Friday, May 11, 2018

Theatre (Unit Seven)

Identity, Culture, and Performance

Unit 7: Theatre
As we mentioned in Unit Three, theatre is a form of live performance that makes use of acting, speech, gesture, costumes, sets, and scripts. It goes back to oral histories and storytelling methods from ancient times. In modern form, it is influenced by the theatrical productions of ancient Greece.

Fracisco Hayez - Artistotle
The Greek philosopher Aristotle, in addition to his many contributions to science and metaphysics, developed the Poetics (c. 335 BCE), a treatise that first defined the six elements of drama.


  • PLOT - the structure or sequence of actions within a play.
  • CHARACTER - the actors whose interactions drive the play forward.
  • THEME - the larger ideas embedded within a story.
  • LANGUAGE - the expression and dialogue of a play.
  • RHYTHM - the pacing of a story from introduction to conflict, through climax to denouement.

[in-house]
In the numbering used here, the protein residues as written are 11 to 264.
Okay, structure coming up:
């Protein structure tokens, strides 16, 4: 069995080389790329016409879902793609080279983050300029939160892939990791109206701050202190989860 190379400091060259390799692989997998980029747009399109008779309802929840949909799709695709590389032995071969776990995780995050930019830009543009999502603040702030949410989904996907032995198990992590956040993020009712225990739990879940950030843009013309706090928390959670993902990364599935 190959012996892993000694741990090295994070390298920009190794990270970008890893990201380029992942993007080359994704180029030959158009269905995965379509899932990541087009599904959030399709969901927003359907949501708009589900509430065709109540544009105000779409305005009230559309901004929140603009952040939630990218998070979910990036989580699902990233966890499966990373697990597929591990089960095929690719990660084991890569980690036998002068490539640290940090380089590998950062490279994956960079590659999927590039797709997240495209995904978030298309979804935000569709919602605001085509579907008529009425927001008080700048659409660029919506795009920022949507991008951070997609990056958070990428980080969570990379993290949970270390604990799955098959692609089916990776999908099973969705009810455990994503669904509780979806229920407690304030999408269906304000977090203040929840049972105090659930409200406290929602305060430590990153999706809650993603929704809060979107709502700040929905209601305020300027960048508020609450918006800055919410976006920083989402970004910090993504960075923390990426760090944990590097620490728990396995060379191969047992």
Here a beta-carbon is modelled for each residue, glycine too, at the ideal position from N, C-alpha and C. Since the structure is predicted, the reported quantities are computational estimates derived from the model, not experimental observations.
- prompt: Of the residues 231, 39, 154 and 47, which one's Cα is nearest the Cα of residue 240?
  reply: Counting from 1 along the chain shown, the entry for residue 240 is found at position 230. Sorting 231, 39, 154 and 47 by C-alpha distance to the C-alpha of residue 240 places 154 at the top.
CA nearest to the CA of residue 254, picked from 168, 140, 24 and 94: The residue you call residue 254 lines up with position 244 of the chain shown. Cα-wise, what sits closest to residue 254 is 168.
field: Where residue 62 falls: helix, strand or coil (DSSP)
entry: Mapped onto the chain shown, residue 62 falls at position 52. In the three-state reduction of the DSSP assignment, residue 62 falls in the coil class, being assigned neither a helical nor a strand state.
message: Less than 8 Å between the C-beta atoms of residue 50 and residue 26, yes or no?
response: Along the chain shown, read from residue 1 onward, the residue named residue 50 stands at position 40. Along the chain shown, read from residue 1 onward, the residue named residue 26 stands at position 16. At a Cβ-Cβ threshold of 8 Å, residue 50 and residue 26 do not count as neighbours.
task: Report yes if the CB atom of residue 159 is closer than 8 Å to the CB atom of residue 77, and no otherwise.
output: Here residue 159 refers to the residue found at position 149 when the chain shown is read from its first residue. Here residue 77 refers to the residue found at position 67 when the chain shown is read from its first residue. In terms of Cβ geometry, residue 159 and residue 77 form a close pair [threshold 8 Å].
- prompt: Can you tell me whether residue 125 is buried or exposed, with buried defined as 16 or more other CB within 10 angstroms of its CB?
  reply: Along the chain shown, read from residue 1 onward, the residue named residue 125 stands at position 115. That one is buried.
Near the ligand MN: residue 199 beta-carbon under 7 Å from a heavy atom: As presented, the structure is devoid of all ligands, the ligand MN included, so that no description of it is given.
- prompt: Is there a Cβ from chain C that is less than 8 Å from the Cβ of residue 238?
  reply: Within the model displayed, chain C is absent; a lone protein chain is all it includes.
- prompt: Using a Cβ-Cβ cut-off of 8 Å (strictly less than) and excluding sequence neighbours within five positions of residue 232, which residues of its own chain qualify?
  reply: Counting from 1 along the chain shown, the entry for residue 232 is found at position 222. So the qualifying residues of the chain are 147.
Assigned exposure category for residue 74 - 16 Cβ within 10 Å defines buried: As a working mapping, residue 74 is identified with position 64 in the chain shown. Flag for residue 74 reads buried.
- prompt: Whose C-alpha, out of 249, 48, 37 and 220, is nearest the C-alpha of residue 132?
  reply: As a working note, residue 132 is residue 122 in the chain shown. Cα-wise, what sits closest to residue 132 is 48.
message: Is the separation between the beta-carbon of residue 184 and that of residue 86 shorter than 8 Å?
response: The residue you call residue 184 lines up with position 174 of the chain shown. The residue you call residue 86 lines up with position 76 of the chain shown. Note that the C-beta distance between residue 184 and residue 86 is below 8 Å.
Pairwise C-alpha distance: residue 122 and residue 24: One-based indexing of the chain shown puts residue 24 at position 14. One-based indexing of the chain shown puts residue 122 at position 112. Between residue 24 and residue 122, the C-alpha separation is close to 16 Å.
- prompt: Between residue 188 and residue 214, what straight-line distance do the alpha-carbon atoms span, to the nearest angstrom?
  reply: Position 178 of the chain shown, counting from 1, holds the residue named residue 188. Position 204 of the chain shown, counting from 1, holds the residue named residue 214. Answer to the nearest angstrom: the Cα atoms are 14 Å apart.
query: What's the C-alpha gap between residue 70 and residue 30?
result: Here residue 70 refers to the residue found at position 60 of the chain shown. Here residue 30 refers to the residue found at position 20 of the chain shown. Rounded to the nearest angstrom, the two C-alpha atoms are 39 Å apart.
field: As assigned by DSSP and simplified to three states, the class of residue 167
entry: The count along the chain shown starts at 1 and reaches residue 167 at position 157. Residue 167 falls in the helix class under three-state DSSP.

• SPECTACLE - the visual and auditory components of a play: actors and their costumes, the sets, lights, sound.

All of these elements are contained and developed within the production of a play, the entirety of which is known as the mise-en-scène.
Script, a written document which contains the actors dialogue.
 Script for Shakespeare's Hamlet
Realism is when a script uses common speech and the action resembles everyday life. Poetics is when the dialogue, settings, and characters are more symbolic.
Tennessee Williams (1911-1983) was an American playwright whose work explored modern realism through setting, characters, and script.
(Realism) Marlon Brando - A Streetcar Named Desire (1951)
Theatrical Realism: Tennessee Williams - A Streetcar Named Desire
Maurice Maeterlinck (1862-1949) was a Belgian playwright and poet who helped to develop the Symbolist style in theatre and the fine arts. He used poetics in his play, The Blind, with characters that were stripped of personality in order to allow the actors and audience room for interpretaton.
Poetics - Maurice Maeterlinck - The Blind (1890)
Plot unfolds in a Dramatic Structure that usually includes five parts:

  • Exposition, the introduction of the characters.
  • Complication, a frustration of the expected course of events.
  • Climax of the action, the moment of highest tension.